The WILD Foundation began in South Africa during the apartheid era, through decades of personal friendship and shared conservation work between acclaimed international conservationist Ian Player and his Zulu mentor and brother, Qumbu Magqubu Ntombela. Their work not only saved the white rhino from extinction, it also pioneered multi-racial environmental experience programs in South Africa. From this experience, WILD was established formally in 1974 in the United States.
Building on those decades of experience in Africa, WILD built a reputation and track record as a progressive leader in wilderness conservation worldwide, using its signature style of collaboration and cooperation in a wide network of contemporary and traditional partners and collaborators to achieve results for wilderness and people.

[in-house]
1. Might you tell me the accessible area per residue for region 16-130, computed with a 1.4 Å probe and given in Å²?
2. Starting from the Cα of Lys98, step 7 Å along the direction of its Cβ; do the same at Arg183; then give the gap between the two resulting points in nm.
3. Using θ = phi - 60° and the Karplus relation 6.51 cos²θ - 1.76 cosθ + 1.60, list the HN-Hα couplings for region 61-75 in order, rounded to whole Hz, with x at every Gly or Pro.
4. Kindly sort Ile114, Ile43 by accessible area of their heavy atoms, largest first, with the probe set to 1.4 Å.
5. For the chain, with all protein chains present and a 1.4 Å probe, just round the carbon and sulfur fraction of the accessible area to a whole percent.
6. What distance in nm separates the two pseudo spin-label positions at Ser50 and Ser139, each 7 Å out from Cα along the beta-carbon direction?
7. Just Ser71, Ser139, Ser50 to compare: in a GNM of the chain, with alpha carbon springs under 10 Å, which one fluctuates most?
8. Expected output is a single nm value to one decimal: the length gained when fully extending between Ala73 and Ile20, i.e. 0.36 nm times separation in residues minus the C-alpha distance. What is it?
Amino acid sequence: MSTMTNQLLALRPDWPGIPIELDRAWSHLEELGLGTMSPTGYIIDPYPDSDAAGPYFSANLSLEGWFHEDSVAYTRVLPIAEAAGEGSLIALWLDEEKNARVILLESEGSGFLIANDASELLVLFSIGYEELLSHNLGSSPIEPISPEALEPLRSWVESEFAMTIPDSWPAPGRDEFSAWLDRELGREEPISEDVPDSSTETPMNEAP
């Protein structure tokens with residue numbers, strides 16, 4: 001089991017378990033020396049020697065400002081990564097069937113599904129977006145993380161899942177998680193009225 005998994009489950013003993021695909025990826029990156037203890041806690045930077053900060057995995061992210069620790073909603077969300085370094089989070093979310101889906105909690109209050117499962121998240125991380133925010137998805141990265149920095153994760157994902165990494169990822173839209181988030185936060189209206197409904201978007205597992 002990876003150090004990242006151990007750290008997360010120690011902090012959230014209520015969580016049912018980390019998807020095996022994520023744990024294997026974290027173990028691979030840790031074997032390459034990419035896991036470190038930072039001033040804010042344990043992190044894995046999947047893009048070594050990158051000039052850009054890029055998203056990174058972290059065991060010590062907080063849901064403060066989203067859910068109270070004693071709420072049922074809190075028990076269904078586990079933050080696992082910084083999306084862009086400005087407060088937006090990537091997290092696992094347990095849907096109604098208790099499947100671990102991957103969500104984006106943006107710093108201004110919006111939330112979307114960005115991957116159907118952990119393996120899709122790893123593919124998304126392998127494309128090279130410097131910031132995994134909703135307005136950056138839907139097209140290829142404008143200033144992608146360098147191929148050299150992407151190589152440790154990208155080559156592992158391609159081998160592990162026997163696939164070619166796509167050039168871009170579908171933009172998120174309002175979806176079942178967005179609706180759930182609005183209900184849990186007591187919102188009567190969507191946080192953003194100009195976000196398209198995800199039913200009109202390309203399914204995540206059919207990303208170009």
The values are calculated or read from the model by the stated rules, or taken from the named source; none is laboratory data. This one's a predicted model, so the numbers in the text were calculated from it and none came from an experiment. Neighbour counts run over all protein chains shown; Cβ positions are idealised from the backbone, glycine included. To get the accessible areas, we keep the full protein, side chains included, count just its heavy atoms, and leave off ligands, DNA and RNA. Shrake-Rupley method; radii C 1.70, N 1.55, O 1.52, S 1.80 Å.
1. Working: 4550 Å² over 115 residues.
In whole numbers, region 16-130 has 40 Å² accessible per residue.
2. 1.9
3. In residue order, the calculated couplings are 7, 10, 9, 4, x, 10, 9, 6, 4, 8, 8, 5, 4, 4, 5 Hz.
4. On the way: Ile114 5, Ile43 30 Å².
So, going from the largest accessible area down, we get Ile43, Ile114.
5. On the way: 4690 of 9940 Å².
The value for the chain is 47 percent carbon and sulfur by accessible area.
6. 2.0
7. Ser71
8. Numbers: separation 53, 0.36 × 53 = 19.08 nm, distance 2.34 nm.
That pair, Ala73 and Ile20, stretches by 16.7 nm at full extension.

WILD’s vision is Nature Needs Half™, a call to protect and interconnect at least half of the planet – land and water – because wild and natural areas provide essential social, cultural, spiritual, biological and economic benefits. We work collaboratively to achieve this goal across borders, in many languages, and at various scales – from the grassroots to global – through partnerships with indigenous leaders, local communities, grassroots organizations, government leaders, businessmen and entrepreneurs, scientists, artists and conservation advocates.